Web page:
The Cherokee State Park area remained abandoned for many years until it was cleaned up and re-purposed for use by the Murray State University rowing team. The university leased the park area and used some remaining structures to establish a boathouse and a trophy room as Murray State began NCAA level rowing competition in 1998. The university later cut the rowing program in 2008. The former park and the remaining structures were placed on the National Register of Historic Places in 2009. The former Cherokee State Park dining hall was renovated and reopened in Fall 2010 as a meeting and event facility. The renovated dining hall is now known as the Richard H. Lewis Lodge.[7][10]

Park Activities

There are several activities available at the park. Fishing is a popular pastime; crappie are the most popular fish at the park, with bluegill, catfish, sauger, and various types of bass also available.[9][11] Two trails, named Chickasaw and Cherokee, total 1.7 miles (2.7 km) of hiking trails at the park.[12] It is also the premier place in Kentucky for big boat sailing.[13]

Blues Festival

Kenlake State Resort Park has been home to the Hot August Blues Festival every summer since 1989. The blues festival, originally started by then Kenlake sales manager Gloria Hargrove, takes place at the Kenlake Amphitheater. Blues legend Junior Wells played the inaugural 1989 festival. Other artists to play the festival have included KoKo Taylor, Clarence "Gatemouth" Brown, Lew Jetton, and Chris Cain. The festival was named one of Kentucky's top ten summer events by the Kentucky Tourism Council in 2007.[14][15]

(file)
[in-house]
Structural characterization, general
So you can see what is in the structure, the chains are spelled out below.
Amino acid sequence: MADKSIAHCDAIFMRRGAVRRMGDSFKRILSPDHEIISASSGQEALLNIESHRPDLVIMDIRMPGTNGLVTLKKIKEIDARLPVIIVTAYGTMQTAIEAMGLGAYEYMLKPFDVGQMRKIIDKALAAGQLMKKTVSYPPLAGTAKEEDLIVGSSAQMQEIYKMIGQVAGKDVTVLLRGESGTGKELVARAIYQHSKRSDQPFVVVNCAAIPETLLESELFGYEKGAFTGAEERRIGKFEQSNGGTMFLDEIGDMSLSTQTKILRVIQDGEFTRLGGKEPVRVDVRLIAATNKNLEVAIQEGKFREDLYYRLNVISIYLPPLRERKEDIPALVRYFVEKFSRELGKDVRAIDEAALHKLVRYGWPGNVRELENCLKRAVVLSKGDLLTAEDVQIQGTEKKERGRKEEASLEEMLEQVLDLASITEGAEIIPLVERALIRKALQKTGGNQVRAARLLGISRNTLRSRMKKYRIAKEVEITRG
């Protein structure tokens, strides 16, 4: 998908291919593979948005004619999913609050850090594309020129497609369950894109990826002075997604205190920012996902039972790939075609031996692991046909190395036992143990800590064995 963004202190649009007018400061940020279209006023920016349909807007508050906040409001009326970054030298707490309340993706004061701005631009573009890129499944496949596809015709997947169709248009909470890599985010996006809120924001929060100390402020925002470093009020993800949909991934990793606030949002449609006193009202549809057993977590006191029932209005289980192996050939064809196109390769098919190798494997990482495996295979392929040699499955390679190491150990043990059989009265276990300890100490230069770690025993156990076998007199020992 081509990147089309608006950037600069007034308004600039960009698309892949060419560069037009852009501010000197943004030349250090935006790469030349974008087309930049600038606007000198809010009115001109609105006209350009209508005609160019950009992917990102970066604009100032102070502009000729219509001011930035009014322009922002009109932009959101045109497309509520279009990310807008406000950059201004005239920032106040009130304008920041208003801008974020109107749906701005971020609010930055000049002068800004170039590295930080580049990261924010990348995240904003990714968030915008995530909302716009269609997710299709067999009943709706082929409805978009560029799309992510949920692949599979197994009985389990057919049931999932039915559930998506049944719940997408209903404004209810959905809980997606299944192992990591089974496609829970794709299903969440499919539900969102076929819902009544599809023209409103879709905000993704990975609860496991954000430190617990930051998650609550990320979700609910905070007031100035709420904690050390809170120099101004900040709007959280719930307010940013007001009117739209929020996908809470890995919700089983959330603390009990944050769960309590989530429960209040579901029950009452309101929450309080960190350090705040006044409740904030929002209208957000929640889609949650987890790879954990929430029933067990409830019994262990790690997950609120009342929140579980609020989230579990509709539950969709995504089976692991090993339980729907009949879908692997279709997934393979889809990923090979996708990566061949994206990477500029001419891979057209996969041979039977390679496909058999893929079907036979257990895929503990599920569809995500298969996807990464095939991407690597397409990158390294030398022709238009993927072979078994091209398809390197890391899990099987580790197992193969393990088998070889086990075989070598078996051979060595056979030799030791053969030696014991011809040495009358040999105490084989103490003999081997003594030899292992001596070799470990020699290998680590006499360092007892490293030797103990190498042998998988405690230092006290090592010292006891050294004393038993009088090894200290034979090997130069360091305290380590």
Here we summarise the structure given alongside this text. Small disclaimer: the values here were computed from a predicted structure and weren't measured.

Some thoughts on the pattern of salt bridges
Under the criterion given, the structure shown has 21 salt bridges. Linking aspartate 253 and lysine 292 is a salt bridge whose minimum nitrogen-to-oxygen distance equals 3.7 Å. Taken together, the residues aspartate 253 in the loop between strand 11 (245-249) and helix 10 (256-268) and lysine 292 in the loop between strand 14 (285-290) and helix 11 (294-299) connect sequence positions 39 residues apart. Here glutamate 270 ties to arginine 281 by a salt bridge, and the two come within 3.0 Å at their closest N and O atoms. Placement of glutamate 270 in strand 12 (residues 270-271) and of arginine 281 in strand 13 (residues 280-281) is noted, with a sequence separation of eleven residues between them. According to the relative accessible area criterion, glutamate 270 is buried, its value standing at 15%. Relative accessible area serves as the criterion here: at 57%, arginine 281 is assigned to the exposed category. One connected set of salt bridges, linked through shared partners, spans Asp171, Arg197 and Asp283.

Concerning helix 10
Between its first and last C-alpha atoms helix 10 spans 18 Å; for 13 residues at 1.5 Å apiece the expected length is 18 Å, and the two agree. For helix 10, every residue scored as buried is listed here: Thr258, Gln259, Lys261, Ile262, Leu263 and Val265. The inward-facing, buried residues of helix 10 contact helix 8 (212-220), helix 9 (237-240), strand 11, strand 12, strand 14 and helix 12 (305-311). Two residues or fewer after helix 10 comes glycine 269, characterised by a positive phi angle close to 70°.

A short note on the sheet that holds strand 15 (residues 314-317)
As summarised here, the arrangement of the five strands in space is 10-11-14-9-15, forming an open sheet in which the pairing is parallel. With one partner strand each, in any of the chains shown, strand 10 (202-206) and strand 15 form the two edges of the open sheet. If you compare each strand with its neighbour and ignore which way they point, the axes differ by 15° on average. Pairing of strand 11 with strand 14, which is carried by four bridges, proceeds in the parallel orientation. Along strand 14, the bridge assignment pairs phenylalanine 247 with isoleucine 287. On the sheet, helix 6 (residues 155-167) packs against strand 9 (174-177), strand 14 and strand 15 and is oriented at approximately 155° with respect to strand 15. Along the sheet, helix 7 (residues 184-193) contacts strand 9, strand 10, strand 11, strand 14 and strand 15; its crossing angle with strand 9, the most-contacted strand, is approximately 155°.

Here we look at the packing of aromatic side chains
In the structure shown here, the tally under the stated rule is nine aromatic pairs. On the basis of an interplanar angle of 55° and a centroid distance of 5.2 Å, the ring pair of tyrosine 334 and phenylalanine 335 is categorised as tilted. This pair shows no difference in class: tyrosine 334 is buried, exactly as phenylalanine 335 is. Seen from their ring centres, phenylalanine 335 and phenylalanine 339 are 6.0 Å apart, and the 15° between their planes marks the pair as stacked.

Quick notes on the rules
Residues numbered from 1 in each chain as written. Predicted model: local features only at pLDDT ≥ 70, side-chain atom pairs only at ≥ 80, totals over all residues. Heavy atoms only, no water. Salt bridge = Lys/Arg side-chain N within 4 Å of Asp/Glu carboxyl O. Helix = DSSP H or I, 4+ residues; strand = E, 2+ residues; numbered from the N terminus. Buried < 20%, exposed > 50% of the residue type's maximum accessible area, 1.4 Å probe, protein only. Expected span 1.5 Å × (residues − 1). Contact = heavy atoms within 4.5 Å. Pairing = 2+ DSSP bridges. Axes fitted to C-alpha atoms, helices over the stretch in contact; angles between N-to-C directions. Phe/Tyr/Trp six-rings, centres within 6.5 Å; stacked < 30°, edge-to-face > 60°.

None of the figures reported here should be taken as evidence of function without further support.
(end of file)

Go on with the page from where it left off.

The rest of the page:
References

  1. ^ a b "History". Kenlake State Resort Park. Kentucky Department of Parks. Retrieved September 28, 2013.
  2. ^ Kleber, John E., ed. (1992). "Parks, State". The Kentucky Encyclopedia. Associate editors: Thomas D. Clark, Lowell H. Harrison, and James C. Klotter. Lexington, Kentucky: The University Press of Kentucky. ISBN 0-8131-1772-0.
  3. ^ Molloy, Johnny (2003). The Land Between the Lakes National Recreation Area Handbook. Menasha Ridge Press. p. 196. ISBN 0-89732-539-7.
  4. ^ a b Bailey, Bill (1995). Kentucky State Parks. Glovebox Guidebooks of America. p. 173. ISBN 1-881139-13-1.
  5. ^ "$400,000 Kentucky Lake Hotel Slated for Coal Creek Section". Kentucky New Era. May 24, 1950. p.1.
  6. ^ "What's New for You at Kentucky State Parks". Kentucky New Era. April 22, 1952. p.5.
  7. ^ a b "Cherokee State Park (Kentucky Lake, KY)". Notable Kentucky African Americans Database. Retrieved 2009-01-16.
  8. ^ Bailey, op.cit., p. 175.
  9. ^ a b "Kenlake State Park". Stateparks.com. Retrieved 2009-01-17.
  10. ^ "Gov. Beshear celebrates re-opening of former Cherokee State Park facility" (Press release). Governor Steve Beshear's Communications Office. September 15, 2010. Archived from the original on March 6, 2012. Retrieved September 28, 2013.
  11. ^ Bailey, op.cit., pp. 178, 179.
  12. ^ "Trails". Kenlake State Resort Park. Kentucky Department of Parks. Retrieved September 28, 2013.
  13. ^ Salisbury, Leila W. (2001). Romantic Kentucky: More Than 300 Things to Do for Southern Lovers. John F. Blair. p. 41. ISBN 0-89587-247-1.
  14. ^ Wright, John (August 11, 2012). "Kenlake Blues Festival still strong after all these years". Murray Ledger & Times. Murray, Ky. Retrieved September 28, 2013.
  15. ^ "Hot August Blues named "Top Ten" summer event by Kentucky Tourism Council" (Press release). Kentucky Department of Parks. May 8, 2007. Archived from the original on February 11, 2015. Retrieved September 28, 2013.

External links

This page was last edited on 21 October 2019, at 07:23